In late October, 2012, Superstorm Sandy tore through the Caribbean before ravaging America’s heavily populated Eastern Seaboard. It was the second-costliest hurricane in U.S. history, but it might have been even worse had it not been for the American Red Cross and its use of social media. Through Facebook and Twitter, the Red Cross drove more than 400,000 people to download a hurricane preparedness app with vital safety information. And after the storm hit, the Red Cross monitored and analyzed millions of social media posts to pinpoint geographic areas in critical need, inform the government and dispatch local relief efforts.
For anyone who still thinks social media is all about “socializing,” this is one story (out of many) that proves otherwise. Today, countless organizations are finding innovative ways to take advantage of social media’s pervasive presence and potential for immediate influence. Businesses use it as a tool to form closer connections with customers, offer targeted promotions, and build brand loyalty. Perhaps even more exciting, however, is how organizations like the Red Cross harness social media’s power to bring aid to people in need, and even save lives.
Disaster leads to opportunity
Indeed, social media has moved well beyond friend requests and cat pictures. But to understand how it came this far, it helps to know the back story. For the Red Cross, it started in the early 2000s, when the organization was an early adopter of social strategies, using the web to connect with volunteers and benefactors. As Facebook, Twitter, Flickr and YouTube emerged, the Red Cross took advantage of those tools to raise awareness of their efforts year-round, and especially during disasters.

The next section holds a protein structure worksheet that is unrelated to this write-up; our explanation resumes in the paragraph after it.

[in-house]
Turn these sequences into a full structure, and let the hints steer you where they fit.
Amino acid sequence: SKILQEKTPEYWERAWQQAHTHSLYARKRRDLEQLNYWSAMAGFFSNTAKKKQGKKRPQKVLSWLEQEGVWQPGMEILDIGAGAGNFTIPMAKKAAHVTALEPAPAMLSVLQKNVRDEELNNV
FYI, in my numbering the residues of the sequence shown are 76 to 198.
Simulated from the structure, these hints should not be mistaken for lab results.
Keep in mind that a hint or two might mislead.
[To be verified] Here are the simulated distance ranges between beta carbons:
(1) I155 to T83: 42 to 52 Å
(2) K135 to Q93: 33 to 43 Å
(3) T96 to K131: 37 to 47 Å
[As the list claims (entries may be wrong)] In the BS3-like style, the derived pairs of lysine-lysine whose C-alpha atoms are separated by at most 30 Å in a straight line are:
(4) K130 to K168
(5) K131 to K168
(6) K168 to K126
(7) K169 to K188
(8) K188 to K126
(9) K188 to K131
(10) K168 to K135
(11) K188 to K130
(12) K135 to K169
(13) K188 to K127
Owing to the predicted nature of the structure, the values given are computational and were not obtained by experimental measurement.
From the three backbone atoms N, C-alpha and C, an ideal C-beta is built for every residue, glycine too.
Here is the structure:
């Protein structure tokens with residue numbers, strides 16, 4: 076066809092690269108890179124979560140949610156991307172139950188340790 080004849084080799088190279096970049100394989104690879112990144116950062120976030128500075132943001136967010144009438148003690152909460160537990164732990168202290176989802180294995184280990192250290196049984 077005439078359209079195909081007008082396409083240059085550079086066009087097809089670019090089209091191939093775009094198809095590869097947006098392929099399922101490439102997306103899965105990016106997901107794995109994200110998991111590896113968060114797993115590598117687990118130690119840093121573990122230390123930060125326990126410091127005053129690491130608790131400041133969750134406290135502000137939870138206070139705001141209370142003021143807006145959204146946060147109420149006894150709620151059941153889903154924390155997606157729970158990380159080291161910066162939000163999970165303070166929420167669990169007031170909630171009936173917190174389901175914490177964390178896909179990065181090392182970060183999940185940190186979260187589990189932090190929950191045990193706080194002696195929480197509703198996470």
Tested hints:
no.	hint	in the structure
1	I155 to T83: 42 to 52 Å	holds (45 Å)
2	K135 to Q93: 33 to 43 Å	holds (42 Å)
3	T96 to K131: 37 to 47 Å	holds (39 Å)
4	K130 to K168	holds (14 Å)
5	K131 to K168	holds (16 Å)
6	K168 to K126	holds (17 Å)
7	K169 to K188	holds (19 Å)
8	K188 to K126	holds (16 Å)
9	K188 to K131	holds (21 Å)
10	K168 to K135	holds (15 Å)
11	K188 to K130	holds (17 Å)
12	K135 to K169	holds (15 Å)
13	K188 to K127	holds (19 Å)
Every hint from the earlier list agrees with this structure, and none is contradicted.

A turning point came in 2010, when an earthquake devastated Haiti and the Red Cross launched a mobile giving campaign through Twitter. At its peak, the effort raised half a million dollars in one hour, and ultimately $32 million. In addition to social media’s incredible ability to mobilize benevolent giving, the Red Cross learned something else from the Haiti earthquake: thousands of people were using social media to communicate eye-witness accounts of disaster, and to ask for help. As the Red Cross scrambled to make sense of all the data and route it to units on the ground that could render aid, it became clear that they were on to something big.
Connecting the dots
In the wake of the Haiti event, the Red Cross conducted extensive research on social media usage, and held a major summit to exchange ideas on integrating social media with disaster response. Before long, they realized that with more robust technology and infrastructure, they could proactively monitor and analyze the massive amounts of social data generated by natural disasters, and use it to coordinate its efforts – not just after, but before and during a crisis.
The Red Cross worked with Dell, another social media pioneer, to build a Digital Operations Center at its Washington, D.C. headquarters. Equipped with powerful computing capabilities and staffed by dedicated social engagement team members, the center “listens” for relevant public conversations happening in real-time throughout the social web. On an average day, the Red Cross is mentioned as much as 7,000 times in social media channels, and that number spikes dramatically when disaster strikes. People take to social media to express fear, seek help, or offer their support. Thanks to the Digital Operations Center, the Red Cross hears every one of them, and can act immediately to organize volunteers, deliver supplies, set up a shelter, or simply be a voice of comfort.
That first center came online not long before Hurricane Sandy plowed into the East Coast, and it played a major role in preparedness, relief and recovery efforts. Since then, the Red Cross has opened two more Digital Operations Centers in Dallas and San Jose. Now, every time an earthquake, wildfire or tornado lights up the social media universe, the Red Cross is listening and responding faster and more effectively than ever before. And we’re all reminded of how technology, put to good use, can accomplish amazing things.
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